Personnel: Max Desharnais (vocals, guitar, keyboards, drum machine); Sébastien Godin (vocals, guitar); Chance Hutchison (vocals); Jean-Christophe Niquet (drums).
Audio Mixers: Adrian Popovich; Max Desharnais.
Recording information: Mountain City and Sound Salvation Studios.
Photographer: Lyndah Kicks.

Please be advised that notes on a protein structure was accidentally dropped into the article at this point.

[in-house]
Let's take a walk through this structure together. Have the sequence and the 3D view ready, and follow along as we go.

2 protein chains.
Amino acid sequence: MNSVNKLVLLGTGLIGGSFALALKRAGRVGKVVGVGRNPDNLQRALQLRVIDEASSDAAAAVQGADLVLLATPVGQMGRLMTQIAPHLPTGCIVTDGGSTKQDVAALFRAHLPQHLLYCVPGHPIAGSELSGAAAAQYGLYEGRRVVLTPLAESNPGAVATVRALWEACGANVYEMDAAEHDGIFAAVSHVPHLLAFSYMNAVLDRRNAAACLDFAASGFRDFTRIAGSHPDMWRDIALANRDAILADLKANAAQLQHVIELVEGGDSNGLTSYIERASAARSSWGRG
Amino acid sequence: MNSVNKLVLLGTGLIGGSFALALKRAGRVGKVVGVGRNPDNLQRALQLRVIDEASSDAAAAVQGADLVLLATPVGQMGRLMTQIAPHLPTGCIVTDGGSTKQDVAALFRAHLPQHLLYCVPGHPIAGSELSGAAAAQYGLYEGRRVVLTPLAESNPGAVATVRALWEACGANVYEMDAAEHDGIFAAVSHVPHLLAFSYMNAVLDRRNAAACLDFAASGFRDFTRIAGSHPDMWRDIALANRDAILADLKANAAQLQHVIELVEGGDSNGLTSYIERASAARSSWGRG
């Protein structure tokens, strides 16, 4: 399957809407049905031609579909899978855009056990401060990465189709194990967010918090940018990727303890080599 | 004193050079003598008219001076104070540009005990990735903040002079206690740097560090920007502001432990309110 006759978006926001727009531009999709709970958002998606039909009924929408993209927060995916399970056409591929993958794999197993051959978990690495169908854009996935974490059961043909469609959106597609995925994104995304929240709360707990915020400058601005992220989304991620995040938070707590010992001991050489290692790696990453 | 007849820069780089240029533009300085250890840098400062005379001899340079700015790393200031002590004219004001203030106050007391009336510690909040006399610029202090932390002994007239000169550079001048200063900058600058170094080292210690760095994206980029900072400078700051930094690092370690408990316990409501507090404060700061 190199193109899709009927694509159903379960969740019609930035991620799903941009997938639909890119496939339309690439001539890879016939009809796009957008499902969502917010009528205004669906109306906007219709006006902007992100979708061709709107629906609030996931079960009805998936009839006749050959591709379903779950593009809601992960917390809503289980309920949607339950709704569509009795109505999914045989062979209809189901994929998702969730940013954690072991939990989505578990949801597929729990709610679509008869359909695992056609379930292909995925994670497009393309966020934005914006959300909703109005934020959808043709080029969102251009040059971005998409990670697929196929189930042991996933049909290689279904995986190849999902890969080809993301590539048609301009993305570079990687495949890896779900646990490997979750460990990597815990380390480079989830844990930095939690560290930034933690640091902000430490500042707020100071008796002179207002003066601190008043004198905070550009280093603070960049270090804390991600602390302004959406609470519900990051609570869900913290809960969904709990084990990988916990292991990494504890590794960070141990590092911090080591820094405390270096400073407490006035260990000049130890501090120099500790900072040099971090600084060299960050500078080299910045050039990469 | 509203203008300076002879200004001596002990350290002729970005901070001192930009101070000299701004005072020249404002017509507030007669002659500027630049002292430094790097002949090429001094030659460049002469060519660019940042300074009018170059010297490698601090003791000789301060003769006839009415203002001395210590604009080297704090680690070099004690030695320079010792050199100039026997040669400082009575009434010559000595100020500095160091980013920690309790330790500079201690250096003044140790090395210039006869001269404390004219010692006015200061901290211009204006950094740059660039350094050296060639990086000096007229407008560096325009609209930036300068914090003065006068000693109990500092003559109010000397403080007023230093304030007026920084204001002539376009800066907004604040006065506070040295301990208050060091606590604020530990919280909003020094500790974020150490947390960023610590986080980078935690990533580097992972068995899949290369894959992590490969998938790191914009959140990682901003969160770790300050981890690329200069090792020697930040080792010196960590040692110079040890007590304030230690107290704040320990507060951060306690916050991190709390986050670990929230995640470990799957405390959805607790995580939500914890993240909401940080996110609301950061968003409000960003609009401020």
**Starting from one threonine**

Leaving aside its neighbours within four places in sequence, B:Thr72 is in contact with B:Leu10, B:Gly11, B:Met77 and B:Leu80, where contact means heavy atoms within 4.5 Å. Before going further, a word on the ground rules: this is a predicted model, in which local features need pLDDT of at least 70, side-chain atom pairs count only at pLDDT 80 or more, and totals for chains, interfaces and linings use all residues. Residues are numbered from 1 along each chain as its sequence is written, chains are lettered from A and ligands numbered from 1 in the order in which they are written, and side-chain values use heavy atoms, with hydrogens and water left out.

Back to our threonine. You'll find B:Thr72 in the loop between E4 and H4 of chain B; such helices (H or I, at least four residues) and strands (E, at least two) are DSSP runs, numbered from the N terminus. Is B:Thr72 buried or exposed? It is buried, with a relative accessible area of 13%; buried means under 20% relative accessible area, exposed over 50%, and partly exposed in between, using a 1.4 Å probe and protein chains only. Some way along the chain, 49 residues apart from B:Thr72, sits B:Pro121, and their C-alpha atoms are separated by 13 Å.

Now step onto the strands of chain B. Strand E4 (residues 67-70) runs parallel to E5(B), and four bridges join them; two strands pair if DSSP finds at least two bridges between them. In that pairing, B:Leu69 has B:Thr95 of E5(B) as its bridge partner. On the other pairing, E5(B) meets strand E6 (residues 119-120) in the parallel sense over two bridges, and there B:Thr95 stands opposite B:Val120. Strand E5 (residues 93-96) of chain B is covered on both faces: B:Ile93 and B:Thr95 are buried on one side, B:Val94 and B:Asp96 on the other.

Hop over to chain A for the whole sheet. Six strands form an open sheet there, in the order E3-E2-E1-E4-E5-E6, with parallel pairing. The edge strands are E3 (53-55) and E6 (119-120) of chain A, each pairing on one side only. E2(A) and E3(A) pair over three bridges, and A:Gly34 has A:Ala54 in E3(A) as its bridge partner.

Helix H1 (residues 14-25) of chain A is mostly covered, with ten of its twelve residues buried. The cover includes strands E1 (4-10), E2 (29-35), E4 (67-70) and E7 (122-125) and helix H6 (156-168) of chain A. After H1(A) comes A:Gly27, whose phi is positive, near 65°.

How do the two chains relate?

Sonic Avenues had a tough act to follow on their fourth album, Disconnector. With their previous record, Mistakes, the Montreal-based punk-meets-pop combo delivered the kind of knockout blow that bands dream about when they are but mere punklings studying their Ramones and Wipers records. It would have been easy for them to try replicating the hooky rawness and rambunctious energy of that album, but they did something a little different. The foursome took their time in the studio to try making an album that added something new to their sound. To that end, they utilized drum machines, acoustic guitars, and keyboards, adding them like spice to the guitar riffs and hard-driving drums while paying special attention to the arrangements and dynamics of each song. Where before they may have leapt into a verse-chorus-verse rocker with both feet, now they take a moment before diving in, maybe to add some keyboard flourishes, maybe to just dial back the energy in favor of something more tightly wound and sparse. They layer sounds and leave spaces in between the notes, where before everything would tumble past like a landslide of power pop. Though this kind of broadening of musical horizons is often a joy-killing death knell for many bands, it's an approach that works here because Sonic Avenues didn't lose any of their knack for a sharp and memorable hook (check "Dead Faces" or "Burn Like Fire" if you have any doubt of that), their flashing guitar work is just as impressive, and vocalist Max Desharnais sounds just as at home in a more structured environment as he did on past records. Disconnector is the sound of a band growing up and stretching out, moving from the simple pleasures of punky power pop to something a little darker, a little more complicated, and a little deeper. The record may not bowl listeners over on the first listen quite the way that Mistakes did, but it's still impressive that initial time and, just as importantly, it's the kind of record that rewards repeated listens with a hard-earned emotional payoff. ~ Tim Sendra